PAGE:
Historically, African-American churches have served as the locus of economic development, education, and social reform within rural African-American communities. The church was often the center of social activities, as well as the meeting place of church-sponsored auxiliaries. The ministers of the congregations often served as community leaders and spokespersons. In addition to serving the spiritual and secular needs of the local Afro-American community, the church, along with fraternal organizations and newspapers, provided an important psychological link with the national Black community. Within the church, various health initiatives that deal with a wide range of subjects--including cancer, hypertension, diet, and diabetes--have been implemented. In addition, the African-American church serves as a reliable medium for providing comprehensive sex education not only to its congregation, but also to the larger community (1). As a group, African-American adolescents constitute the highest rate of adolescent pregnancies and sexually transmitted infections, especially in the South.
Extensive research on the role of rural churches and religion within African-American culture documents that religion has a major impact on adolescent behavior. African-American communities find comfort, security, and refuge in their local churches. Youth initiatives are at the cornerstone of all church programs in rural communities because the rural African-American church is not only the house of worship, but also a community center that implements health programs, political meetings, and educational activities. (2) The church is presumed to give adolescents self-value, moral characteristics, and positive social support for future ambitions. The aim of the Rural African-American Church-Based Sex Education Initiative (RACSI) project was to research the shape and influence of religion and spirituality in the lives of rural African-American adolescents; to identify effective practices in the religious, moral, and social formation of the lives of youth; to describe the extent and perceived effectiveness of the programs and opportunities that religious communities are offering to their youth, according to parents and ministers' perspectives; and to foster an informed national discussion about the influence of religious programs in rural African-American youth's lives, in order to encourage sustained reflection about and rethinking of our cultural and church-based institutional practices with regard to youth and religion. The church provides an avenue for adolescent sexual health programs. However, the key is "buy-in" by the gatekeeper, who is the minister. The minister's perspective can have a lasting affect on the success of any church health program.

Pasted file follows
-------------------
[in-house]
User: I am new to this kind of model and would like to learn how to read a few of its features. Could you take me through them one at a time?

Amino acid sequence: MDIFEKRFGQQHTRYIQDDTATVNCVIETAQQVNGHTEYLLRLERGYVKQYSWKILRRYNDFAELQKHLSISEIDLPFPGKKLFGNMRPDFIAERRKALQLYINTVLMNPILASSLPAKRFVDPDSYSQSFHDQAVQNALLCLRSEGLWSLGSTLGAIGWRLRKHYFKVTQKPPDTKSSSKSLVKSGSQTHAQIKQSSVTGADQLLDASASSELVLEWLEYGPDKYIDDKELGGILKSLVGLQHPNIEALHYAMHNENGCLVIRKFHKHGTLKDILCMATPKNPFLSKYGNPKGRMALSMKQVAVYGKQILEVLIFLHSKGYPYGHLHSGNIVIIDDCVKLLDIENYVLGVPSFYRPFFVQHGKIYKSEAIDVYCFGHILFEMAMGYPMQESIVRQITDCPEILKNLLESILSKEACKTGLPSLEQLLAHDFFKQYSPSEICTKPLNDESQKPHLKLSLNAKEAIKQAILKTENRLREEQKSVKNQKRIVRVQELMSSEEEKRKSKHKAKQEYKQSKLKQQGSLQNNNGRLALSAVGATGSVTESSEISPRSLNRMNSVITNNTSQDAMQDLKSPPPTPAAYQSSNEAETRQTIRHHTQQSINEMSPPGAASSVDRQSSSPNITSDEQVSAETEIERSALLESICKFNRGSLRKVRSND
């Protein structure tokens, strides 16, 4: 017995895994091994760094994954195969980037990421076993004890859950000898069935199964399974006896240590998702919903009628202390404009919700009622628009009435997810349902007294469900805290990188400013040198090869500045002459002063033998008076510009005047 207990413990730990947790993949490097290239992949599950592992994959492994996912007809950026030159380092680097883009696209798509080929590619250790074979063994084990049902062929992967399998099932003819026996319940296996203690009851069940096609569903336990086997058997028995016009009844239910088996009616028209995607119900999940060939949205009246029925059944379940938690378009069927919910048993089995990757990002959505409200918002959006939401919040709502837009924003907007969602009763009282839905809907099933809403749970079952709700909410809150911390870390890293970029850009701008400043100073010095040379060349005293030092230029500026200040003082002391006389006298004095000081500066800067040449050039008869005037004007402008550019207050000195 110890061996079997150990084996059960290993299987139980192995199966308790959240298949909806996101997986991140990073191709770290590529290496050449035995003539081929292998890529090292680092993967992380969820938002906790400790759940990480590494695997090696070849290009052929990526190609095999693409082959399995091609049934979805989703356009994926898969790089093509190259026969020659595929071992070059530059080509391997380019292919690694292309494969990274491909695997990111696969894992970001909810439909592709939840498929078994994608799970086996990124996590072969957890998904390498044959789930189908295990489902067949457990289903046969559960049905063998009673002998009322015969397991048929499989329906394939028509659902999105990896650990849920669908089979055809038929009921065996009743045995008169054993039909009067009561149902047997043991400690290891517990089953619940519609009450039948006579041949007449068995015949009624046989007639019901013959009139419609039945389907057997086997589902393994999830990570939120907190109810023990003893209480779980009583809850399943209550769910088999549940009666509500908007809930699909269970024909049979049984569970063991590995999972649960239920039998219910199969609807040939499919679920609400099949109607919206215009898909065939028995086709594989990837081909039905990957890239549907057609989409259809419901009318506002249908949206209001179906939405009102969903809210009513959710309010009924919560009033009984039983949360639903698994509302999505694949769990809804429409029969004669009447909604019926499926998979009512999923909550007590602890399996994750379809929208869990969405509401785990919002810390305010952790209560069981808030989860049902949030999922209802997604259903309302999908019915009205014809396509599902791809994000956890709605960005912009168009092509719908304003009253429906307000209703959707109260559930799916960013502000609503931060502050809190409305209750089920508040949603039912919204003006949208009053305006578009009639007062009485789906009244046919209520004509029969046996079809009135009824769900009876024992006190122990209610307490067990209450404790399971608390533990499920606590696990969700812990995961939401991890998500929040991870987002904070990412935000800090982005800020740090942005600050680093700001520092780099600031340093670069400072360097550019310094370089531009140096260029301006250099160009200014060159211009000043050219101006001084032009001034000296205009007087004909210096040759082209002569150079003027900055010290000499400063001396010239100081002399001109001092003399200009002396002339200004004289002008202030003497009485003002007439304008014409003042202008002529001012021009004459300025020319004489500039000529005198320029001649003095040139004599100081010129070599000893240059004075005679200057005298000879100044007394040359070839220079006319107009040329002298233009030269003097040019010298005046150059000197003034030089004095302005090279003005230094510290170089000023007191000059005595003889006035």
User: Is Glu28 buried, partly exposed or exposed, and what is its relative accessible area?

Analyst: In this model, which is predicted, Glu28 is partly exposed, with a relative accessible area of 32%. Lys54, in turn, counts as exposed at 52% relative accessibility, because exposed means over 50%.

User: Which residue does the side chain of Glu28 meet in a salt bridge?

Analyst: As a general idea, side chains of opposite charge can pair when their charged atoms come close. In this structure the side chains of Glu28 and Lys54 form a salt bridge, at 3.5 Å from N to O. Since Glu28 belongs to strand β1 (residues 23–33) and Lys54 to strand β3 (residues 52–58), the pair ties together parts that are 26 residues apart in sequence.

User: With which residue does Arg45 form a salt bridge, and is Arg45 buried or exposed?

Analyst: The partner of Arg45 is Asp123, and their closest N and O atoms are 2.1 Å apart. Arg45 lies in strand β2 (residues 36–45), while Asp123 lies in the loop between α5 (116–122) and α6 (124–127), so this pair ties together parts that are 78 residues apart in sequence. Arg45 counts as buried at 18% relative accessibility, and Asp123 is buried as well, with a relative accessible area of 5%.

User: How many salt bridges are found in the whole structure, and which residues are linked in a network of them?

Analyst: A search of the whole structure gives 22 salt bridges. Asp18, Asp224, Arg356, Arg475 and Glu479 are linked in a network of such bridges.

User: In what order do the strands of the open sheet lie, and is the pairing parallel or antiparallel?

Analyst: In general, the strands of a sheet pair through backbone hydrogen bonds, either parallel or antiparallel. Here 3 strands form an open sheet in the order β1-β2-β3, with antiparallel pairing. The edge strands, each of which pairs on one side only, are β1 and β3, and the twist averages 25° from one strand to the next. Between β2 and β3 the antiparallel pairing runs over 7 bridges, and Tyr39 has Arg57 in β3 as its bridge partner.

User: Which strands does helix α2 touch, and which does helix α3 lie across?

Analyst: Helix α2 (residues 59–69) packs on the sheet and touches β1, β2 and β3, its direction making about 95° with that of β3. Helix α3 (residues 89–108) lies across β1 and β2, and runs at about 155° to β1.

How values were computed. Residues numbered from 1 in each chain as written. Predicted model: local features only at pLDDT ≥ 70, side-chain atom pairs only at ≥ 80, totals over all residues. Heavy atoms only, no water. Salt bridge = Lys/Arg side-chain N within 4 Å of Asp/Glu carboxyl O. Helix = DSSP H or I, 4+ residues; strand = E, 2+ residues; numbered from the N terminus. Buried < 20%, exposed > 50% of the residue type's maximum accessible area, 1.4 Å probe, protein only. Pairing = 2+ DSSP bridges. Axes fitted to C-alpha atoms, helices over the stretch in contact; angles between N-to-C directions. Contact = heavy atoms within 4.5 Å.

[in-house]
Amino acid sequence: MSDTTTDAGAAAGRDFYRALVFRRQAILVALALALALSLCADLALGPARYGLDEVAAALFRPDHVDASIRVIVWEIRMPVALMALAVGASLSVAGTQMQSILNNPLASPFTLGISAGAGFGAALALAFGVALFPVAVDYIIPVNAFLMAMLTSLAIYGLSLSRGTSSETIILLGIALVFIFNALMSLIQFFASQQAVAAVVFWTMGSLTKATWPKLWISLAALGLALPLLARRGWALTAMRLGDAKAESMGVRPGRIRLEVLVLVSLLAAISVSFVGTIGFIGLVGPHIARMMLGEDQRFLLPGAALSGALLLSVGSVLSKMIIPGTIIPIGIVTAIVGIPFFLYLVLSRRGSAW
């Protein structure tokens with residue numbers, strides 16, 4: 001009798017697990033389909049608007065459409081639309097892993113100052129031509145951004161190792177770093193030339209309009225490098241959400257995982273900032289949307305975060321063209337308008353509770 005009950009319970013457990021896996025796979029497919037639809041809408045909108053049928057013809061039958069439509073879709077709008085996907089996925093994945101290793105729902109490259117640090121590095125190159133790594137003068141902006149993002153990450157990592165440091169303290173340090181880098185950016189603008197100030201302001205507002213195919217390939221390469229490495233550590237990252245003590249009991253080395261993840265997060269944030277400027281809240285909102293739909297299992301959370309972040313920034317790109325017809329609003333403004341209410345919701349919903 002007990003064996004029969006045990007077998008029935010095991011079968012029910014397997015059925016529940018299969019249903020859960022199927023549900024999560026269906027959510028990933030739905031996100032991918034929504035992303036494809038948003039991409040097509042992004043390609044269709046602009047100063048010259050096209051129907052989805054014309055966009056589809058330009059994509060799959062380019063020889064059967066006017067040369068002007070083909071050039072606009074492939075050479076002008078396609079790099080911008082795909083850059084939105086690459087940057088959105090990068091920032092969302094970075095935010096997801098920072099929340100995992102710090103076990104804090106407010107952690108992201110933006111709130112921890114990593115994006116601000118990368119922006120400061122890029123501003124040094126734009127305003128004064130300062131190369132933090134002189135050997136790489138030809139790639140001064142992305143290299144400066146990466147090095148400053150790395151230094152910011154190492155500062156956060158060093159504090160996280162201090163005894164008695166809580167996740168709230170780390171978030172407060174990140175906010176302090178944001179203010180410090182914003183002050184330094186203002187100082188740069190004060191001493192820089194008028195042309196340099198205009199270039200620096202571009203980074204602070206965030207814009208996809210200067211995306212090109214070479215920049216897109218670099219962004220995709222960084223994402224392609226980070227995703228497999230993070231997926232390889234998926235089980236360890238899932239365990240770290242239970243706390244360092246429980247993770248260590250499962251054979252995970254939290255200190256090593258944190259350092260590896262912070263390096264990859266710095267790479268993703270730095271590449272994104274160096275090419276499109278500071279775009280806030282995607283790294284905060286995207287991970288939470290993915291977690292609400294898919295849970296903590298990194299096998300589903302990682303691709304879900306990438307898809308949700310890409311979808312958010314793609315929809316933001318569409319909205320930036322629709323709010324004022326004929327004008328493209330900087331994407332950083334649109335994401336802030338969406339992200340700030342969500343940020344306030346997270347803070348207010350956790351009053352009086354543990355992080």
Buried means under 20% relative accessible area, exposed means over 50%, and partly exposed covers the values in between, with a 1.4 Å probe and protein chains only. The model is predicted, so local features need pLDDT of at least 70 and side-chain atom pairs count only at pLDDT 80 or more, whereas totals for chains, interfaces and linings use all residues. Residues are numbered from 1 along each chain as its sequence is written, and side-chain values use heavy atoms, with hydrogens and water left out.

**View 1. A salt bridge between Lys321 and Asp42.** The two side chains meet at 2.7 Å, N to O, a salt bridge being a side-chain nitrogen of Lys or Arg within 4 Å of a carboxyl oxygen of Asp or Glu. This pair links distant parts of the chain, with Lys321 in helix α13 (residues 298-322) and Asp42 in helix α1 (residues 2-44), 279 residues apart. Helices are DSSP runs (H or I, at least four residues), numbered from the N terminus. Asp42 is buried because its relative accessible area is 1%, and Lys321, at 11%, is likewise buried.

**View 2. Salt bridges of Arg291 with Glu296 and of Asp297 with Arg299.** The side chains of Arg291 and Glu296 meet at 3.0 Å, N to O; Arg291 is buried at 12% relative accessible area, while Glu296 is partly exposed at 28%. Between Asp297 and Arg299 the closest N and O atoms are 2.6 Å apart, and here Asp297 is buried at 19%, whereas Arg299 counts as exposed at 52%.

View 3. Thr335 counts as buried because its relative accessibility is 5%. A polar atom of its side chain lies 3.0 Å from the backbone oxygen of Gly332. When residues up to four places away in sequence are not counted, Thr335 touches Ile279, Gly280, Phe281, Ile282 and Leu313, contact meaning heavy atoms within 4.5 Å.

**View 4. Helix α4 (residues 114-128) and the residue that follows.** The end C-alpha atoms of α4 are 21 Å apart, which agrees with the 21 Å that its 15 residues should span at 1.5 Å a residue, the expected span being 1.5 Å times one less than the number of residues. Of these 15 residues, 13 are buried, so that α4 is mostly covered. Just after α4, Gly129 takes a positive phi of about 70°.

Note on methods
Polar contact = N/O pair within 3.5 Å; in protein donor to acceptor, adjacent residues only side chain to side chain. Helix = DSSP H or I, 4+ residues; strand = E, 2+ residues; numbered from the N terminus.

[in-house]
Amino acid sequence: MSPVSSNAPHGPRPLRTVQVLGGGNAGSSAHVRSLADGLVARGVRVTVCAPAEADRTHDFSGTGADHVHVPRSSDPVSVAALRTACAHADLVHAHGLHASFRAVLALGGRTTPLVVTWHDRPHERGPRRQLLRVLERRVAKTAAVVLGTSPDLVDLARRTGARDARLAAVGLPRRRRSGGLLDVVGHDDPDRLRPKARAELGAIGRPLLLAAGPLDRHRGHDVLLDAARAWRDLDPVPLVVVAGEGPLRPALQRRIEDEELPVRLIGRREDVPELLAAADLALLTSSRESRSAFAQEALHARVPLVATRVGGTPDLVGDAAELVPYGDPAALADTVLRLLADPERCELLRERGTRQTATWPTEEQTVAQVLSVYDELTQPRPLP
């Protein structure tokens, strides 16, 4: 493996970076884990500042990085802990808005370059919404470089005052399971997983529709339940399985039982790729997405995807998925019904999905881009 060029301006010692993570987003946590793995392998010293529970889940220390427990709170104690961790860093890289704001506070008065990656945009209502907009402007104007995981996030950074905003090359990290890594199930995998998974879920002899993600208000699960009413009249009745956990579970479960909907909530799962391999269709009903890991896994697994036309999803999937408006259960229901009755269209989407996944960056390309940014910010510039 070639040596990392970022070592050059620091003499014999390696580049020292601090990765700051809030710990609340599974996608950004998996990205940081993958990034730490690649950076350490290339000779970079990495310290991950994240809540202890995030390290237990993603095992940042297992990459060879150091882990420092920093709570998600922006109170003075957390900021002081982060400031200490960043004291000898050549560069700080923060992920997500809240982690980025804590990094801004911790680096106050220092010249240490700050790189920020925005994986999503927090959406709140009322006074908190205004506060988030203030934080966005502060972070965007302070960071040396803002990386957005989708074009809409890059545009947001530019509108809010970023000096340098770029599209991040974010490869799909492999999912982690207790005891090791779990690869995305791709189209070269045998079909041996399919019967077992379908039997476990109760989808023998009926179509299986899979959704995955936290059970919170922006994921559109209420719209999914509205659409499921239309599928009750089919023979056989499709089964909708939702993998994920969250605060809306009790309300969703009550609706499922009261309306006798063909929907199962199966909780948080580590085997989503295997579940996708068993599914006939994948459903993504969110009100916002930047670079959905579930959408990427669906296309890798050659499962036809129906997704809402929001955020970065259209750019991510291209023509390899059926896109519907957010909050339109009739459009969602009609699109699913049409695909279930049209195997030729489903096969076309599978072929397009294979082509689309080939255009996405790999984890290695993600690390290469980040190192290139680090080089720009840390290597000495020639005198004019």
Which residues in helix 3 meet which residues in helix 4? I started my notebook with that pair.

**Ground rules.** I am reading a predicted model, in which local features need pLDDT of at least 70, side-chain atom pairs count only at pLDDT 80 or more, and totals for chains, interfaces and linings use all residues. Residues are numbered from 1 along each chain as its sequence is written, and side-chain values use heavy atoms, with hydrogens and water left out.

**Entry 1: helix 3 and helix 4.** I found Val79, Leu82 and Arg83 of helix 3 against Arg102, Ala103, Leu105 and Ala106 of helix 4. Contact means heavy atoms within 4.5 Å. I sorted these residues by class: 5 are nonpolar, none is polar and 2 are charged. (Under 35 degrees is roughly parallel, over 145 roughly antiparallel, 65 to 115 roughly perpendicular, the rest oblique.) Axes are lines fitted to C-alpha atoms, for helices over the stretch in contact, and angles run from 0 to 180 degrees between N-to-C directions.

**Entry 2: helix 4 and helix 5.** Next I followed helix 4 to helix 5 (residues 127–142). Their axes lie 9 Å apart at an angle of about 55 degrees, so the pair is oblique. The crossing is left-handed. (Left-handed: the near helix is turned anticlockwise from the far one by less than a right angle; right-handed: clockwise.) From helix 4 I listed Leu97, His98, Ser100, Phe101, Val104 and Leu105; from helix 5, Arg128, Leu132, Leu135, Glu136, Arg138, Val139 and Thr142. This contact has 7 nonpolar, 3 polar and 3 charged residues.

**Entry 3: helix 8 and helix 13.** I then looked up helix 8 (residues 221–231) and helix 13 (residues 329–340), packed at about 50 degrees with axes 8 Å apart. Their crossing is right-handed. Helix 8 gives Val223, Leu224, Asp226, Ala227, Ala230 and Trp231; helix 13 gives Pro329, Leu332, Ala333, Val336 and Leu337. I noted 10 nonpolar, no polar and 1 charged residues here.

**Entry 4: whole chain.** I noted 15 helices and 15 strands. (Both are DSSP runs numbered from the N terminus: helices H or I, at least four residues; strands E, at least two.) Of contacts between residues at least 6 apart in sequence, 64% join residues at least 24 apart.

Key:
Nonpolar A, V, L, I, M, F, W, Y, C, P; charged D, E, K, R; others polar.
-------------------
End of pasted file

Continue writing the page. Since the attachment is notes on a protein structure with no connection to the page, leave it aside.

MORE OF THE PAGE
A new, high quality study on American youth and religion published by the national Study of Youth and Religion provides valuable information about the real value of religion and adolescents. In this "counter-culture" age of accessible sexually explicit audiovisual media, parents and adolescents are especially challenged. African-American churches provide a "safe haven" and an avenue for interventions related to parental and adolescent sex education. (3) In order to ensure that the church is an avenue for educational and social programs, collaboration between parents, adolescents, and ministers must be implemented.
The Role of the Adolescent. Much of the literature on the role of rural African-American churches' influence on mental health has brought about innovative methodologies to ensure abstinence among adolescents. An alarming number of teens engage in behaviors that place them at risk for pregnancy and sexually transmitted infections, including AIDS. (4) Intervention studies targeted at reducing risky sexual behavior and improving school retention and literature investigating how risky sexual behavior affects school performance were reviewed in order to develop the Social-Cognitive Model for sexual behavior during adolescence. (5) In a study of youth ages 11 to 25, respondents who were not sexually active scored significantly higher than sexually active youth on the importance of religion in their lives and reported more connections to friends whom they considered to be religious or spiritual. (6) One study of youth ages 12 to 17 found that 26% of teens who said that they attended religious services only "a few times a year" or "almost never" still identified "morals, values and/or religious beliefs" as the factors that most affected their decisions about whether to have sex. (7) In a study by the Rollins School of Public Health, 64% of the adolescents surveyed via a four-item scale religiosity assessment reported high religiosity scores. Female adolescents who had higher religiosity scores reported significantly higher self-efficacy in communicating to their male partners about sex, STIs, HIV, and pregnancy prevention. These adolescents were more likely to initiate sex at a later age, refuse...